• Canada’s New Drone Can Better Surveil Its Challenging Arctic Environment

    5 janvier 2021 | Local, Aérospatial

    Canada’s New Drone Can Better Surveil Its Challenging Arctic Environment

    BY KEVIN M. BAERSON After years of experimentation and analysis, the government of Canada has procured a new Hermes 900 StarLiner from Israeli UAV manufacturer Elbit Systems that can withstand and patrol its massive, inhospitable Arctic territory. Extreme weather with high winds and low temperatures, limited and unreliable satellite communication and navigation, and continuous darkness during the winter months make controlling UAVs in the Arctic especially challenging. Combined with a lack of ground infrastructure, both line of sight and satellite control of a UAV can become nearly impossible. The hope is that the Starliner can conquer these harsh Arctic conditions. This version of Elbit's Medium Altitude Long Endurance (MALE) military UAV is fully certified to operate in civilian airspace and will take off from and land on civilian airfields. It will perform myriad operations to reduce harmful environmental impacts, including detection of oil pollution and wildlife surveying, as well as ice patrol and reconnaissance. It will also support search and rescue, humanitarian efforts and illegal fishing enforcement, and will aid the development and regulation of Canada's drone industry. The $36.16 million contract includes communication links, ground control stations, sensor packages, training and the optional purchase of spare parts. The Starliner is expected to be delivered by December 2022, but procurement has been years in the making. Arctic Takeoff In 2017, Canadian officials began research and development test flights using a Sea Hunter drone produced by Alabama-based Griffon Aerospace. The data collected, including BVLOS results, contributed to developing requirements for the eventual Hermes purchase. Timothy Choi, a maritime strategy expert and Fellow at the Canadian Global Affairs Institute, has said the Canadian government had limited options in its search for a proven maritime drone with Arctic capabilities. “Large maritime surveillance drones—that is, ones equipped with downward-looking radar and AIS [automatic identification system] receivers to detect shipping—have not been as prevalent in the global drone market as their land-centric counterparts,” Choi told the website Eye On The Arctic. “Of these, there are even fewer that have been tested in Arctic conditions.” The model Canada is acquiring has been undergoing operational trials in Iceland via the European Maritime Safety Agency since summer 2019. At 1.6 tons, the StarLiner includes detect and avoid (DAA) systems, redundant datalinks and an advanced terrain avoidance warning system. Its ability to automatically take off and land in near-zero visibility, and to sustain deicing procedures and direct lightning strikes, makes it ideal for the Arctic's extreme weather challenges. According to Canadian officials, the new UAV can operate at up to 72 degrees north latitude and has a range of more than 1,400 nautical miles. It comes equipped with back-up command and control and navigation systems, electrical optical infrared camera, synthetic aperture radar and a mapping camera system. For now, the majority of Canada's Arctic surveillance data will continue to come from RADARSAT, the country's remote sensing earth observation satellite program. But while the satellites can detect emergencies such as an oil spill, their brief visits over the Arctic make it difficult to identify causes and consequences. The same is true for identifying nefarious activities such as illegal dumping and unpermitted fishing. “The ability of a drone to loiter for long periods of time with higher resolution sensors will help fill this gap,” Choi explained. “Operationally, the new drone will greatly help ‘connect the dots' when it comes to surveilling Arctic waters and enforcing Canadian regulations.” Drone Diplomacy While this Hermes version will be used in civilian missions, its acquisition is just one part of Canada's Arctic Unmanned Aircraft System Initiative, and it will join the country's National Aerial Surveillance Program's manned aircraft fleet. With 75% of Canada's coastline and 55% of its landmass located in the Arctic, Canada and its main regional rival, Russia, potentially contest for resources and the new shipping routes being created by global warming. Russia is deploying a fleet of dual-use extreme-weather UAVs featuring a GIRSAM alternative navigation system. China, which is talking about a “Polar Silk Road,” also is developing dual-use UAVs optimized for Arctic conditions. “Canada is committed to protecting our endangered species and our marine environment,” Canadian Transport Minister Marc Garneau said in a statement. “Integrating remotely piloted aircraft into Transport Canada's fleet will make federal surveillance operations more robust than ever.” https://insideunmannedsystems.com/canadas-new-drone-can-better-surveil-its-challenging-arctic-environment/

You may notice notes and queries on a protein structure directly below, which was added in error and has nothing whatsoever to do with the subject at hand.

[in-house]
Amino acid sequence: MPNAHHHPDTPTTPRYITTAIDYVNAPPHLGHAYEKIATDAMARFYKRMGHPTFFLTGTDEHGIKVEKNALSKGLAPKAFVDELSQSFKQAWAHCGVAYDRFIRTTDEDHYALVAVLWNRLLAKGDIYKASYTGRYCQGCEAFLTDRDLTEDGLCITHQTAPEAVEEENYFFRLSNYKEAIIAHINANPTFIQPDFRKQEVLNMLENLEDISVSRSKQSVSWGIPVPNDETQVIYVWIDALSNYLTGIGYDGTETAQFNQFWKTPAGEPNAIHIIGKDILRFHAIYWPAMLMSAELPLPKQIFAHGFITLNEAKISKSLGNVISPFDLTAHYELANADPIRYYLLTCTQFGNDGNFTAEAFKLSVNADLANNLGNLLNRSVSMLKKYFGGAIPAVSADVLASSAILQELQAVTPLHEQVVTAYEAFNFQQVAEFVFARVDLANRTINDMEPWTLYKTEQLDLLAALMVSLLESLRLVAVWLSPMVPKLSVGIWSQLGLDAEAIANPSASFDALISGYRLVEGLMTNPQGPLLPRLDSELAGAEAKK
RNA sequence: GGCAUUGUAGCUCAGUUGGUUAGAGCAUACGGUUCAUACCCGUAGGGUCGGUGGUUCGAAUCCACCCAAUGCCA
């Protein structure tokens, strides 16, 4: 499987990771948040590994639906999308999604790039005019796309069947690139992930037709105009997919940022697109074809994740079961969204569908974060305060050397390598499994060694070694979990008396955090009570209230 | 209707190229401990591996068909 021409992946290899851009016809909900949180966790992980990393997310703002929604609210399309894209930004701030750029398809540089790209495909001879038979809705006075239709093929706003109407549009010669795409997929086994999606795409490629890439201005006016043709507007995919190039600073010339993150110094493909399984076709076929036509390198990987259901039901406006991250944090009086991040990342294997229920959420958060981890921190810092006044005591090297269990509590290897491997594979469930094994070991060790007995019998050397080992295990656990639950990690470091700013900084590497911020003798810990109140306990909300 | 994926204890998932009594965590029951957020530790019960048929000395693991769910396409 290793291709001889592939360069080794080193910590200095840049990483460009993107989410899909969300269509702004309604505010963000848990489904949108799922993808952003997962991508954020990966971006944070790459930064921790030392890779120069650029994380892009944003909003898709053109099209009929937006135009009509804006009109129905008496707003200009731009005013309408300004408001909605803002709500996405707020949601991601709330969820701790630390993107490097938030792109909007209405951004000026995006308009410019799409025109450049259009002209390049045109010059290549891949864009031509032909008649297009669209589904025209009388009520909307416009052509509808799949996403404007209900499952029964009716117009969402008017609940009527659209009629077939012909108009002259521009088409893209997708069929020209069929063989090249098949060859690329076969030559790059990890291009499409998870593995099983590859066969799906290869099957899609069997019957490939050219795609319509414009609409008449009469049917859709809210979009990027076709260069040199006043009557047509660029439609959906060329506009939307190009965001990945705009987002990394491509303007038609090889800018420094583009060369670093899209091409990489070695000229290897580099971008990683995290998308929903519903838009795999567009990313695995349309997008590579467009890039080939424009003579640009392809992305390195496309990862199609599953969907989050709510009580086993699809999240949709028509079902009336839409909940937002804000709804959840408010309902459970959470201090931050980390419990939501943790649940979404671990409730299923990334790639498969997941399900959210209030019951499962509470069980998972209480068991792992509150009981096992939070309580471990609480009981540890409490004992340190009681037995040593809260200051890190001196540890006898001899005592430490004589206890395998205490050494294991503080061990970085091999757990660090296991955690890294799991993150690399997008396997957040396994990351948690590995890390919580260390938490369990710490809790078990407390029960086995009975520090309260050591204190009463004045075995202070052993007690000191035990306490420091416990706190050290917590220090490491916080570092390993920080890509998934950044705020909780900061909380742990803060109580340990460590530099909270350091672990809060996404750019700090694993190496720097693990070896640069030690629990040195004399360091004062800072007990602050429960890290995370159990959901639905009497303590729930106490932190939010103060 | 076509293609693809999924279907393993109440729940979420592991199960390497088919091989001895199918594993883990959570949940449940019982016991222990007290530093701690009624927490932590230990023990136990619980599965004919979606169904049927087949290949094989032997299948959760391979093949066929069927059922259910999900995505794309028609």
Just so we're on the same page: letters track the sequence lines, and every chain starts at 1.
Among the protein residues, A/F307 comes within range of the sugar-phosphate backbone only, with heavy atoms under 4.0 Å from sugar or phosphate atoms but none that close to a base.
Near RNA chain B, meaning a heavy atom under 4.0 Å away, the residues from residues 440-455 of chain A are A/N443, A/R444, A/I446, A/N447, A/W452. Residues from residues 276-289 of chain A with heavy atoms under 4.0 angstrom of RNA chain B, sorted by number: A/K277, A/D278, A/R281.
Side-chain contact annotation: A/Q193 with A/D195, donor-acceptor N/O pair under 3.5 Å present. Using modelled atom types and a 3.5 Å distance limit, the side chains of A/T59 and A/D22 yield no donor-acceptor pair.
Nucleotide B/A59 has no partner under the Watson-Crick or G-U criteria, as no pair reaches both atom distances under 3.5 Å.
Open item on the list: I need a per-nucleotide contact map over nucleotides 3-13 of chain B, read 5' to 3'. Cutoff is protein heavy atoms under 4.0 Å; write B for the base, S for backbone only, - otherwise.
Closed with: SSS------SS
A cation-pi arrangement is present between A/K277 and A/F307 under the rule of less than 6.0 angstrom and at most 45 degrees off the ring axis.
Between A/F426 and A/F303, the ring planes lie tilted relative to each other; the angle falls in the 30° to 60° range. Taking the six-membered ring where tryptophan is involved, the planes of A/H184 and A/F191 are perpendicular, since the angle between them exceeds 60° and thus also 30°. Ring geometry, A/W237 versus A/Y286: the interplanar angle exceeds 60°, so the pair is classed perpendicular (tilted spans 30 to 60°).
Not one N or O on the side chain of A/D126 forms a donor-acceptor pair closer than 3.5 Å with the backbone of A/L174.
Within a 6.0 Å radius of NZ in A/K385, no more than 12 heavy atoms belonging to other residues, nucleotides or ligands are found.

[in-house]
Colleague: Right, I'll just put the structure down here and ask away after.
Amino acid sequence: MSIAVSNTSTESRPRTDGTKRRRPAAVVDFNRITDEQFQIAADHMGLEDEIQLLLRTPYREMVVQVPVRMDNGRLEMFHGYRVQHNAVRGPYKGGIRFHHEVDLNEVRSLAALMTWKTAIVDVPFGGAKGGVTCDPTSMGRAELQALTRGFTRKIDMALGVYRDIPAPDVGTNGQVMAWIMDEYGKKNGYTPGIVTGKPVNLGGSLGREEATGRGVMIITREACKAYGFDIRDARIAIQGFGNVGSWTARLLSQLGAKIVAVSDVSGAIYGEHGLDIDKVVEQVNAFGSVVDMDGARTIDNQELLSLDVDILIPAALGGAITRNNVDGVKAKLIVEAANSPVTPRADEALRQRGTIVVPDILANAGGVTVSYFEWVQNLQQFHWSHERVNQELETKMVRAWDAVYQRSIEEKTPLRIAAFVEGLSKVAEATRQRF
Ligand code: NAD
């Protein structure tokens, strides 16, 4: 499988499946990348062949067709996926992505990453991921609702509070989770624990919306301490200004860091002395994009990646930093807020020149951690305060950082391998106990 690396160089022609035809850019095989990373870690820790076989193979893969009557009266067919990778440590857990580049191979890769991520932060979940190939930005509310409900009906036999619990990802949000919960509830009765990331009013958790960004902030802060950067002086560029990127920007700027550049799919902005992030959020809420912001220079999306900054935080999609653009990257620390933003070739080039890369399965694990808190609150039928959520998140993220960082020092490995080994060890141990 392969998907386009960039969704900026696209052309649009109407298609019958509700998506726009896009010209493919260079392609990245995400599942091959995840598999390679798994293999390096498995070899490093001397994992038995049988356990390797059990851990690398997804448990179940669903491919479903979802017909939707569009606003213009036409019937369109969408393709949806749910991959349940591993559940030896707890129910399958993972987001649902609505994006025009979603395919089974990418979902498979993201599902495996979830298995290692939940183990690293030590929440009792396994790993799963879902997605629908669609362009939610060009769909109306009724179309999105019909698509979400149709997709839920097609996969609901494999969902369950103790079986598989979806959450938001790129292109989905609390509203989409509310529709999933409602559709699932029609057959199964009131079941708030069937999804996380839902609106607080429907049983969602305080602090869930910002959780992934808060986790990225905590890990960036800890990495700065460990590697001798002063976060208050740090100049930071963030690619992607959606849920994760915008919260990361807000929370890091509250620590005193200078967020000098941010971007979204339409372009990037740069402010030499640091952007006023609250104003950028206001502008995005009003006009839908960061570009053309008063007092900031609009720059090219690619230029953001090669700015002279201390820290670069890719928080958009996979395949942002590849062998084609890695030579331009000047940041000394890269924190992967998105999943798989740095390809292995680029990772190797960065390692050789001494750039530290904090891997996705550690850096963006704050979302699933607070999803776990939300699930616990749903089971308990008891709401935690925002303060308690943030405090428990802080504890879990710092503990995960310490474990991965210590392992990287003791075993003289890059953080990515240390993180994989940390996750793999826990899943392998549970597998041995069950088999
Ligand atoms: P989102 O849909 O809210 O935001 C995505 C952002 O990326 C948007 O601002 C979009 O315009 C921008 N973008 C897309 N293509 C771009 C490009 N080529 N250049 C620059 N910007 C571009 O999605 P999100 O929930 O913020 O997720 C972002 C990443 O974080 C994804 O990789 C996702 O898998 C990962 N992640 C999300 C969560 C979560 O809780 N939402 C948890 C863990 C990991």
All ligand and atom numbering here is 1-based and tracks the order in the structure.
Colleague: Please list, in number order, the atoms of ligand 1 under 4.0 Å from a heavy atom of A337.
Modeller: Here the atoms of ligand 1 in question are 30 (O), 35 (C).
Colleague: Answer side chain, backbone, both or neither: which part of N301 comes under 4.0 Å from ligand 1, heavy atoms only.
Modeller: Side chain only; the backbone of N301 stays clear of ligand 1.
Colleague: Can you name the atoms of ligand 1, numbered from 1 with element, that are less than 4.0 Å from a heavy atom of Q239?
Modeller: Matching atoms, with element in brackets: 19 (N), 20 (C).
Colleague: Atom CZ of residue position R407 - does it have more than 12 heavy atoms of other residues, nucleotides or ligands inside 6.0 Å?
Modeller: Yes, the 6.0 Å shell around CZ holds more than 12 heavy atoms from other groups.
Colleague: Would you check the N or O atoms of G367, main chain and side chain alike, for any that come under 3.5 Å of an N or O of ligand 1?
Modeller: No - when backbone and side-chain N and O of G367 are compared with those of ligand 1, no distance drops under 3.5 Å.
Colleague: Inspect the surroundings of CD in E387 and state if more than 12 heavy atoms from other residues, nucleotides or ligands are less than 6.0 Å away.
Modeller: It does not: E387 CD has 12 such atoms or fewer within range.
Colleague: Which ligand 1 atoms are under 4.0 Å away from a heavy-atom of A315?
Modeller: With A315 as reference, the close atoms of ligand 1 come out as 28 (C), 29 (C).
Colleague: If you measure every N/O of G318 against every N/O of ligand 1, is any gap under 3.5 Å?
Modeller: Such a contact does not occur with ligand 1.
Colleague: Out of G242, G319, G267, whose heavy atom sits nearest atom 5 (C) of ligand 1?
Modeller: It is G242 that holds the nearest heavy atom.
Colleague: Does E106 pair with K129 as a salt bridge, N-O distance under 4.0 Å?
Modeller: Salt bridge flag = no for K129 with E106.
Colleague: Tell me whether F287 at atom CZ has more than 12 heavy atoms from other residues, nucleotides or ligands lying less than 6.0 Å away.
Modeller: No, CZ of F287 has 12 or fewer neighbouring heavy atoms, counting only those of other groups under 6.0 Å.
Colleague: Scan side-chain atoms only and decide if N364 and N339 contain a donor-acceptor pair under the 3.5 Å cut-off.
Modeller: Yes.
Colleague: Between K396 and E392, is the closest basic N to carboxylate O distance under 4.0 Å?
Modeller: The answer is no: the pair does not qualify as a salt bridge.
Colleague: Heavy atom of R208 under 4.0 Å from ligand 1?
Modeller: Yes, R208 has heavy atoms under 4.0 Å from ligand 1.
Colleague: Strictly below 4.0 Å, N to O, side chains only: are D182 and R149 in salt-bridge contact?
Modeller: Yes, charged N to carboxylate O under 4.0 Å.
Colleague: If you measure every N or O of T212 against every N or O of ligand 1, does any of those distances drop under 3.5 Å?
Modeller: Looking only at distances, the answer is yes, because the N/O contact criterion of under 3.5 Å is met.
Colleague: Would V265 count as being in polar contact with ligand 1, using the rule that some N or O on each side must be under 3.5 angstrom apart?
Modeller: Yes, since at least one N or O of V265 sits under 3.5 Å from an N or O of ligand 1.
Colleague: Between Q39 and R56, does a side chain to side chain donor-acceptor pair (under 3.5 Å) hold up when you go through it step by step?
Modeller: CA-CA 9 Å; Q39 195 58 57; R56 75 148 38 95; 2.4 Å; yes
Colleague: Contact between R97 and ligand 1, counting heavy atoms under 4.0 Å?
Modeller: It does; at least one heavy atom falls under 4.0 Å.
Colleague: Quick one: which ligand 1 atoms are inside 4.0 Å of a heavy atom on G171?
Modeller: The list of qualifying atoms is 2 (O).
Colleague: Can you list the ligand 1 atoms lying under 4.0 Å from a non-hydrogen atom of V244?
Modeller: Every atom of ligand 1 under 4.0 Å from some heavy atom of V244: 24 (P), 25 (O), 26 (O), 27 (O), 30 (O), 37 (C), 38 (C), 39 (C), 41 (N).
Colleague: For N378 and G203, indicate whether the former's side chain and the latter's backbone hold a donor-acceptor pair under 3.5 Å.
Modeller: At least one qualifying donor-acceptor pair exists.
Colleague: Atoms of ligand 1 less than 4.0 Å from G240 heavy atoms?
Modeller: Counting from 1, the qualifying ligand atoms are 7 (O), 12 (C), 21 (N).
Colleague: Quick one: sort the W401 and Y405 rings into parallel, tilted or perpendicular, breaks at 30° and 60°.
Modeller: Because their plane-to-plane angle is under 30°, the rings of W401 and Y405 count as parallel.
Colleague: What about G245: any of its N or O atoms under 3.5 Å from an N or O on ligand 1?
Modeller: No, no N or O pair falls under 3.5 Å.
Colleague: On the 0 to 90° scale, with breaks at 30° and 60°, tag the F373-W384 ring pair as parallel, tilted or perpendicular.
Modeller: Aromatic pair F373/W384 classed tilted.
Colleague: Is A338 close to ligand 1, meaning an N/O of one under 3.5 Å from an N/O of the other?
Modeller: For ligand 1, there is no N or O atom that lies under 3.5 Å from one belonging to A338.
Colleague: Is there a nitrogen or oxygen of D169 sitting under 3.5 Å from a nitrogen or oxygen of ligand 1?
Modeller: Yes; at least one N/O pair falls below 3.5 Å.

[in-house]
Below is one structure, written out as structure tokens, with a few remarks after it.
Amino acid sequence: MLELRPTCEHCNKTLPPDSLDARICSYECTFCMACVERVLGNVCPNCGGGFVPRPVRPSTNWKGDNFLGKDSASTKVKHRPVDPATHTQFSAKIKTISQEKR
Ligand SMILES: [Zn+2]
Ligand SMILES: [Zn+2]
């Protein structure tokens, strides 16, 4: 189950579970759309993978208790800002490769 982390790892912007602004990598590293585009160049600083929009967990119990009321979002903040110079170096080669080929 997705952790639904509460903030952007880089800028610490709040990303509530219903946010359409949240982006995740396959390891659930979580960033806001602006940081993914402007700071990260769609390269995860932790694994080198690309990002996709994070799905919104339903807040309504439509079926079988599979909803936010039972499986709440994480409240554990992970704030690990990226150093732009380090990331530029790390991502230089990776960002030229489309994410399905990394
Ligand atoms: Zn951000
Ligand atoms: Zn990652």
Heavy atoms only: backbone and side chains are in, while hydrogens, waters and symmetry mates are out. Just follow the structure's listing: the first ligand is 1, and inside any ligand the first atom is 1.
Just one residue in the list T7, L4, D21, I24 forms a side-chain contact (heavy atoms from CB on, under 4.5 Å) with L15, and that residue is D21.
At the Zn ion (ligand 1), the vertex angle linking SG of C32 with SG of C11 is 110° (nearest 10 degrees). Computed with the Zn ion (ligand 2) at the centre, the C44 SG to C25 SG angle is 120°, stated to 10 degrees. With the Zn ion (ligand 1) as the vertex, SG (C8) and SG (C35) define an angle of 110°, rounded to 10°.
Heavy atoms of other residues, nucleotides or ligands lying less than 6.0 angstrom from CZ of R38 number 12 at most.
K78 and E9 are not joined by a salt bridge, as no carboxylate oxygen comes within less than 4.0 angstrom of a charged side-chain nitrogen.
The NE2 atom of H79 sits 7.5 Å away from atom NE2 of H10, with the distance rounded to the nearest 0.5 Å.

• Modernization of RCAF search and rescue helicopters deemed unaffordable '€” project on hold for now

    6 juillet 2021 | Local, Aérospatial, Sécurité

    Modernization of RCAF search and rescue helicopters deemed unaffordable '€” project on hold for now

    A plan to modernize the Canadian military's search and rescue helicopters is on hold after the proposal received from the aircraft's manufacturer was deemed to'€¦